At a time when men’s concerns around their aging penises get constant print and media attention, women are woefully ignorant about the changes that are taking place with their genitals. They may see a diagram up on the wall in their gynecologist’s office illustrating a graying, slumped over woman with sagging skin and drooping breasts (where is the image of a 57 year old Christie Brinkley when you need it?)—but that often serves as the extent of available insight and somewhat specious visibility.
Dr. Barbara DePree began focusing her practice on mid-life women eight years ago when she noticed that her intake questionnaire pointed to the need for a resource dealing with women who were having trouble with their sexual health. An ob-gyn doctor with a twenty-year track record, DePree is the Director of the Women’s Midlife Services at Holland Hospital. “Providers aren’t always up to date,” she told me in a telephone conversation. She added, “They also may not feel comfortable dialoguing.”
The topic in question? The medical term is “vaginal atrophy.” As DePree explained, “As a woman gets older, the vagina gets shorter and more narrow. The walls become thinner and more fragile—as well as less elastic. The color becomes a pale pink, which reflects a lack of blood supply.” Another way of referencing the situation is to say that a woman is “losing patency.” The biological definition of patency is “the state or quality of being open, expanded, or unblocked.”
It doesn’t have to be that way. DePree called up the adage, “Use it or lose it.” That advice was for women in relationships who were finding intercourse uncomfortable, as well as for single women who wanted to maintain optimum vaginal health so that their vaginas would be functional for future sexual activity.
Her four-point program and goals are simple. To increase a significant blood supply to the genital area in order to maintain vaginal health. She suggested:
DePree supports the use of “localized estrogen,” because she maintains that it is “well tolerated” and “very effective in bringing more bloody supply to the area”—so that not only are tissues healthier but “it adds to arousal.” She did acknowledge that not all women were interested in using estrogen, and that there were other options to keeping the vagina “supple and moist.”
Michele Carelse, who heads up the Native Remedies’ Expert team, takes the naturopathic perspective—which is to look at the larger picture. Carelse believes in going beyond just the symptoms to see a broader context. Noting that a woman’s “hormonal balance is constantly changing,” she said, “Our point of view is to help the body to achieve hormonal balance. Look at the underlying imbalances, not just the symptoms.” Making clear that she was not in opposition to traditional medications, Carelse said that she encourages women to speak with their doctors and discuss the Native Remedies that they are using. She did, however, express a concern with “menopause being viewed as an illness” and “medicalizing a normal process and part of a woman’s life.”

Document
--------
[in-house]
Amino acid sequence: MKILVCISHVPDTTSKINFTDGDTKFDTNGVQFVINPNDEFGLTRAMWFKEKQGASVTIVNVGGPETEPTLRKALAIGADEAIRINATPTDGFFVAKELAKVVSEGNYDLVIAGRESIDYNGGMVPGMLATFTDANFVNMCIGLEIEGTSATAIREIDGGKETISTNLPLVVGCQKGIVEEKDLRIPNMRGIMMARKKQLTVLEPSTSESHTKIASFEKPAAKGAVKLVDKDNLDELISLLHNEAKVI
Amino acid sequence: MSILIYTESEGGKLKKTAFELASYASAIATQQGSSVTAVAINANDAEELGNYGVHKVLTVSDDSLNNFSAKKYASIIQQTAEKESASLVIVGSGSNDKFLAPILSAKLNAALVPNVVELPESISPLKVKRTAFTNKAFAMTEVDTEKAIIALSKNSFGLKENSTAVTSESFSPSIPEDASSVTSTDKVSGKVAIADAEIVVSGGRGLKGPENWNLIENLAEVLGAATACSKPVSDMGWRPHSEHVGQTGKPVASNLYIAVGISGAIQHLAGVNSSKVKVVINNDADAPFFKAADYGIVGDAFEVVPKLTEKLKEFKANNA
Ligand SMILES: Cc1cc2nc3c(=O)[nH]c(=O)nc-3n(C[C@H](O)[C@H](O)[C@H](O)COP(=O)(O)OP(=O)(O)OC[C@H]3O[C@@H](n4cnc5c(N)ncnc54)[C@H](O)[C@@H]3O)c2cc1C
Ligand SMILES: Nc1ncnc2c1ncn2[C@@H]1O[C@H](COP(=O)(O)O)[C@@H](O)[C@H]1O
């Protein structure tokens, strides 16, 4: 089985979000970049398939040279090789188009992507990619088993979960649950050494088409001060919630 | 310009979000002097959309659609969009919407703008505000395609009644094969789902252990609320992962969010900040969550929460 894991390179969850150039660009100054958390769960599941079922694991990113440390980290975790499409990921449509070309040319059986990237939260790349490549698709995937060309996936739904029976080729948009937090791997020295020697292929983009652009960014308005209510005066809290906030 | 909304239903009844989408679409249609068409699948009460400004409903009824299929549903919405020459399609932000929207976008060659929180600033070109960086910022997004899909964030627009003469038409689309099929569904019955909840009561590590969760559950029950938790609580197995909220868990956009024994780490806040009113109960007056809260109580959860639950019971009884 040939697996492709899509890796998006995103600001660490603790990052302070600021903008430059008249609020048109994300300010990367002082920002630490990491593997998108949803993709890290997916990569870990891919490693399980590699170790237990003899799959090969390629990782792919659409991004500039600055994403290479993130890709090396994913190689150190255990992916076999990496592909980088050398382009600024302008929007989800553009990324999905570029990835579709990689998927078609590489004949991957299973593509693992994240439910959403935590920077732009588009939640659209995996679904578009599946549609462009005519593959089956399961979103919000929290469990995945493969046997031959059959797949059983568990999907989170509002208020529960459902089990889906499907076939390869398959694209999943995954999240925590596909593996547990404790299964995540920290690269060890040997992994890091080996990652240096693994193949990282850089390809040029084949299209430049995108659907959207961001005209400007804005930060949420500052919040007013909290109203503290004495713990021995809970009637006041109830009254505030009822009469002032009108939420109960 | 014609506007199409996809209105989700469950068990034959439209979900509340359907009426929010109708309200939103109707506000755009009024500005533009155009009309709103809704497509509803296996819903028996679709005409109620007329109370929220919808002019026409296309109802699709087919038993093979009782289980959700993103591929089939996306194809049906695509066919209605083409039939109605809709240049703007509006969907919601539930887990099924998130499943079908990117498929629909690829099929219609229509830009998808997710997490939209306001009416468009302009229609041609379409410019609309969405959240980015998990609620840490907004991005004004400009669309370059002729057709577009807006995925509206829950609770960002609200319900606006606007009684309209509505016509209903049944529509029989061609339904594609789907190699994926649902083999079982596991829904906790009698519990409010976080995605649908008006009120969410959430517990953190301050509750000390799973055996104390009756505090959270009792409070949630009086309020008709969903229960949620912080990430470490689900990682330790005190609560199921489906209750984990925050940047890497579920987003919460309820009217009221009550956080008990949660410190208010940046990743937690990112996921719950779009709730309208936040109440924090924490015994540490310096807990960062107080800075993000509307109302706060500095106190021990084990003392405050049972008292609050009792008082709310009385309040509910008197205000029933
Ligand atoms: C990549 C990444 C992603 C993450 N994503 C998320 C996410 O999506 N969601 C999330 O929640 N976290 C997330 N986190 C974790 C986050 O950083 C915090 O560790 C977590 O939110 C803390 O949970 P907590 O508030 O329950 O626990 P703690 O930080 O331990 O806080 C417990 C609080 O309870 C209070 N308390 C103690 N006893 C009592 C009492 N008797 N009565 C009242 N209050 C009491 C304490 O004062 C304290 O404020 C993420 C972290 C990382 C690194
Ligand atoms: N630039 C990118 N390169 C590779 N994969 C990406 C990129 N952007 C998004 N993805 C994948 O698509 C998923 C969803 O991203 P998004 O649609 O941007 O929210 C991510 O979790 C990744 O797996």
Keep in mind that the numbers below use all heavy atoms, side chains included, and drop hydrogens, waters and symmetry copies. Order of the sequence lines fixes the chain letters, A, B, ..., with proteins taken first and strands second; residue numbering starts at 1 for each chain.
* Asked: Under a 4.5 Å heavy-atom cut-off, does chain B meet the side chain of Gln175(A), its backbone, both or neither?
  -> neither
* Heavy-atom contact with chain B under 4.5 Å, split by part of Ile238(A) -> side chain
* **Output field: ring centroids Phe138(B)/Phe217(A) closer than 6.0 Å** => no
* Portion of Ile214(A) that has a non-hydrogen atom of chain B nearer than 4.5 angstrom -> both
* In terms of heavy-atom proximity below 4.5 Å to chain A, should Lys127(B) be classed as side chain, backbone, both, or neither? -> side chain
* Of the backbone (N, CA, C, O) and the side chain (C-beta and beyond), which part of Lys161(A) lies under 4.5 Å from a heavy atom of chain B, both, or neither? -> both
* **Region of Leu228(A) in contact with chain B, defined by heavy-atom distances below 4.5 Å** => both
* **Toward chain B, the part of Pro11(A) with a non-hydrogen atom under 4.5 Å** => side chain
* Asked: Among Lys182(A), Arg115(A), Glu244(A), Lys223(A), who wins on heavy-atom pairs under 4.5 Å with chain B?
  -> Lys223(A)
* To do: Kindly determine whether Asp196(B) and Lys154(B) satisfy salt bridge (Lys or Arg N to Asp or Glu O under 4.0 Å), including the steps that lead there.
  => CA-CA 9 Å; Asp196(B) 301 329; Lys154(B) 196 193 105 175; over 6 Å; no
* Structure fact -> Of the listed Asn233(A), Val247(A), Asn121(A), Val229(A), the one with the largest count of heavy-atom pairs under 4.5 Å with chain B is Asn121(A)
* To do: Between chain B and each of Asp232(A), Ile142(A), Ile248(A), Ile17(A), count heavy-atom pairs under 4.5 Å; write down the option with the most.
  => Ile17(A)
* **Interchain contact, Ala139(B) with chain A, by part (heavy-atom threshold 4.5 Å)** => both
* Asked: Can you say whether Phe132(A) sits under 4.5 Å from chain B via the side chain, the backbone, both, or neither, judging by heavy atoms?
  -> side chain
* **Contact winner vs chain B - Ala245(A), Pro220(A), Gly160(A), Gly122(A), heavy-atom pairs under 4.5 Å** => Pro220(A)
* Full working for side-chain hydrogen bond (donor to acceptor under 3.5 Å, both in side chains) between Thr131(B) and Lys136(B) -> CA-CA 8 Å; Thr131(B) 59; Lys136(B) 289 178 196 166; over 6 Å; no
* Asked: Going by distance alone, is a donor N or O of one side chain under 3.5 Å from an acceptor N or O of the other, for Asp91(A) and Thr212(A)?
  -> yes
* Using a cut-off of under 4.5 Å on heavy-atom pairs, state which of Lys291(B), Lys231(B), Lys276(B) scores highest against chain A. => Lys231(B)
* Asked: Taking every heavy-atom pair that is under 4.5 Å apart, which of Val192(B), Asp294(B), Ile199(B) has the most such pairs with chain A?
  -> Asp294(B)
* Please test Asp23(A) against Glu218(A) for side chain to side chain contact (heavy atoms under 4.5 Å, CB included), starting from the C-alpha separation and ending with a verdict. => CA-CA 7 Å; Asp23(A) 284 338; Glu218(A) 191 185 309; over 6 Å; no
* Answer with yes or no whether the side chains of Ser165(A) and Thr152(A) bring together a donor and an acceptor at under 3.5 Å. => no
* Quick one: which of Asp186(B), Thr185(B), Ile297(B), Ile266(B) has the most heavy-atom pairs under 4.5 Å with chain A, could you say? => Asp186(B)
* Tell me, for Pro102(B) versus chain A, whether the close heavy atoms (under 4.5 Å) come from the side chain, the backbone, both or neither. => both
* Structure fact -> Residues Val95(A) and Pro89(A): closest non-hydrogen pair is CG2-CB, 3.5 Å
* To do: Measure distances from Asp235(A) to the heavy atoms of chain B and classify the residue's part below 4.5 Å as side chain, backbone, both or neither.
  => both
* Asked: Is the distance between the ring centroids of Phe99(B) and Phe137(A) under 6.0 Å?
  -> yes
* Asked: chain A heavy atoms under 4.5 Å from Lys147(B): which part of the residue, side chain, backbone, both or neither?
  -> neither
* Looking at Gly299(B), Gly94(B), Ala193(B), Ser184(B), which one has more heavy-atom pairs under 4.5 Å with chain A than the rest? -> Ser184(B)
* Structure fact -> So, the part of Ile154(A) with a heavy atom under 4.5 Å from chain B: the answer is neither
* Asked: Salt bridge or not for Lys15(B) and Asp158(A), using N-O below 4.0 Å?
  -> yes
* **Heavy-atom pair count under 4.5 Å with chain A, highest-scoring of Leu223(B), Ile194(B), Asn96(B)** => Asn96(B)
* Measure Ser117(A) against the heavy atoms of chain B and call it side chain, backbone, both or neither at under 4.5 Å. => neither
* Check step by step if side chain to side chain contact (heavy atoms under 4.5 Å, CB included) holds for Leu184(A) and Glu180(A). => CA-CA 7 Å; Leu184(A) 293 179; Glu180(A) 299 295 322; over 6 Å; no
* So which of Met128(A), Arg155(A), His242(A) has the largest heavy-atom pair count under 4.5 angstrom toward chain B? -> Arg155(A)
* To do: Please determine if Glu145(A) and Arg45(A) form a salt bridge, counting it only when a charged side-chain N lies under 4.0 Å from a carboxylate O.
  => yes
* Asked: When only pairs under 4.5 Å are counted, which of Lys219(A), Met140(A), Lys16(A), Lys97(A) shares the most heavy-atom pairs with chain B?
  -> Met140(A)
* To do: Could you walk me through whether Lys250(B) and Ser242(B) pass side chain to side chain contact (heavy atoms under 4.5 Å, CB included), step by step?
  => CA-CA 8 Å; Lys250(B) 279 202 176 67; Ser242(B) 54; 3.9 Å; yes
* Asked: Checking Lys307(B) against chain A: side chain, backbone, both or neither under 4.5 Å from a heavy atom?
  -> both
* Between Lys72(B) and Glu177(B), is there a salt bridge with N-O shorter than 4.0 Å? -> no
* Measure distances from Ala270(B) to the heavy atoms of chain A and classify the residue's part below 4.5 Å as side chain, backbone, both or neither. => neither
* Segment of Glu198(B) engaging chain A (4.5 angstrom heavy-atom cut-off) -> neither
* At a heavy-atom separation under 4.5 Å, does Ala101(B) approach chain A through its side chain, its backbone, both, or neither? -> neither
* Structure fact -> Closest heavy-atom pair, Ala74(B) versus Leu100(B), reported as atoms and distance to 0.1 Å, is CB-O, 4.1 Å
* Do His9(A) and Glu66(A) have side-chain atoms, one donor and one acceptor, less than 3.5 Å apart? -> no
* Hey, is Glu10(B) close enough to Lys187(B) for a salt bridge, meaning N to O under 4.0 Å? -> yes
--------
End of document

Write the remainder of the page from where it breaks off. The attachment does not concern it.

A change in the vaginal cell walls, coming from an imbalance, can lead to inflammation, contractions, and a predisposition to urinary tract infections. Carelse elucidated that when pH levels have changed and there is dryness of the vaginal walls, it makes it easier for bacteria to enter those walls. Rather than turn to estrogen, Native Remedies offers a “natural vaginal lubricant” (no parabens, sodium laurel sulphate, or petrochemicals) that features the ingredients of wild yam, essential oils, and aloe.
Dr. Michael Wald, Director of Nutritional Services at Integrated Medicine, suggested via e-mail a series of alternatives for those women who are concerned about using synthetic estrogens and progestins. They included:
In following up on DePree’s recommendation for vaginal dilators, I connected with Mark Carter, who has been a force in bringing resources and information about the medical condition of vaginismus to a population that he characterized as being “poorly served.” He discussed how the dilator set (five pieces which are graduated in size) can “gently stretch out the vaginal canal” which has lost its elasticity. He described the dilators as being made from the highest-grade medical plastic in a United Kingdom factory that is ISO-9000 compliant. In response to my questions, Carter confirmed that the dilators were PCB-free and without phthalates. The construction is seamless with a mirrored finish, and they are tapered at the front with a rounded tip.
Fighting back against the aging woman stereotype is not always easy. In the 21st century, women demanding information about their changing bodies shouldn’t have to encounter obstacles. As DePree wrote in a follow up e-mail, “As we grow older our vaginas change. It’s a natural part of the aging process, not something to be embarrassed about or intimidated by. The important thing is to be proactive. Using your vagina will help keep it elastic and comfortable for sex. We work hard after 40 to maintain our skin, hair, body, brain, and heart. Why not our vulvovaginal tissues too?”
For all those single ladies out there, her final sentence was, “Strong vaginas aren’t just for couples!”
This article originally appeared on the women’s health site Empowher.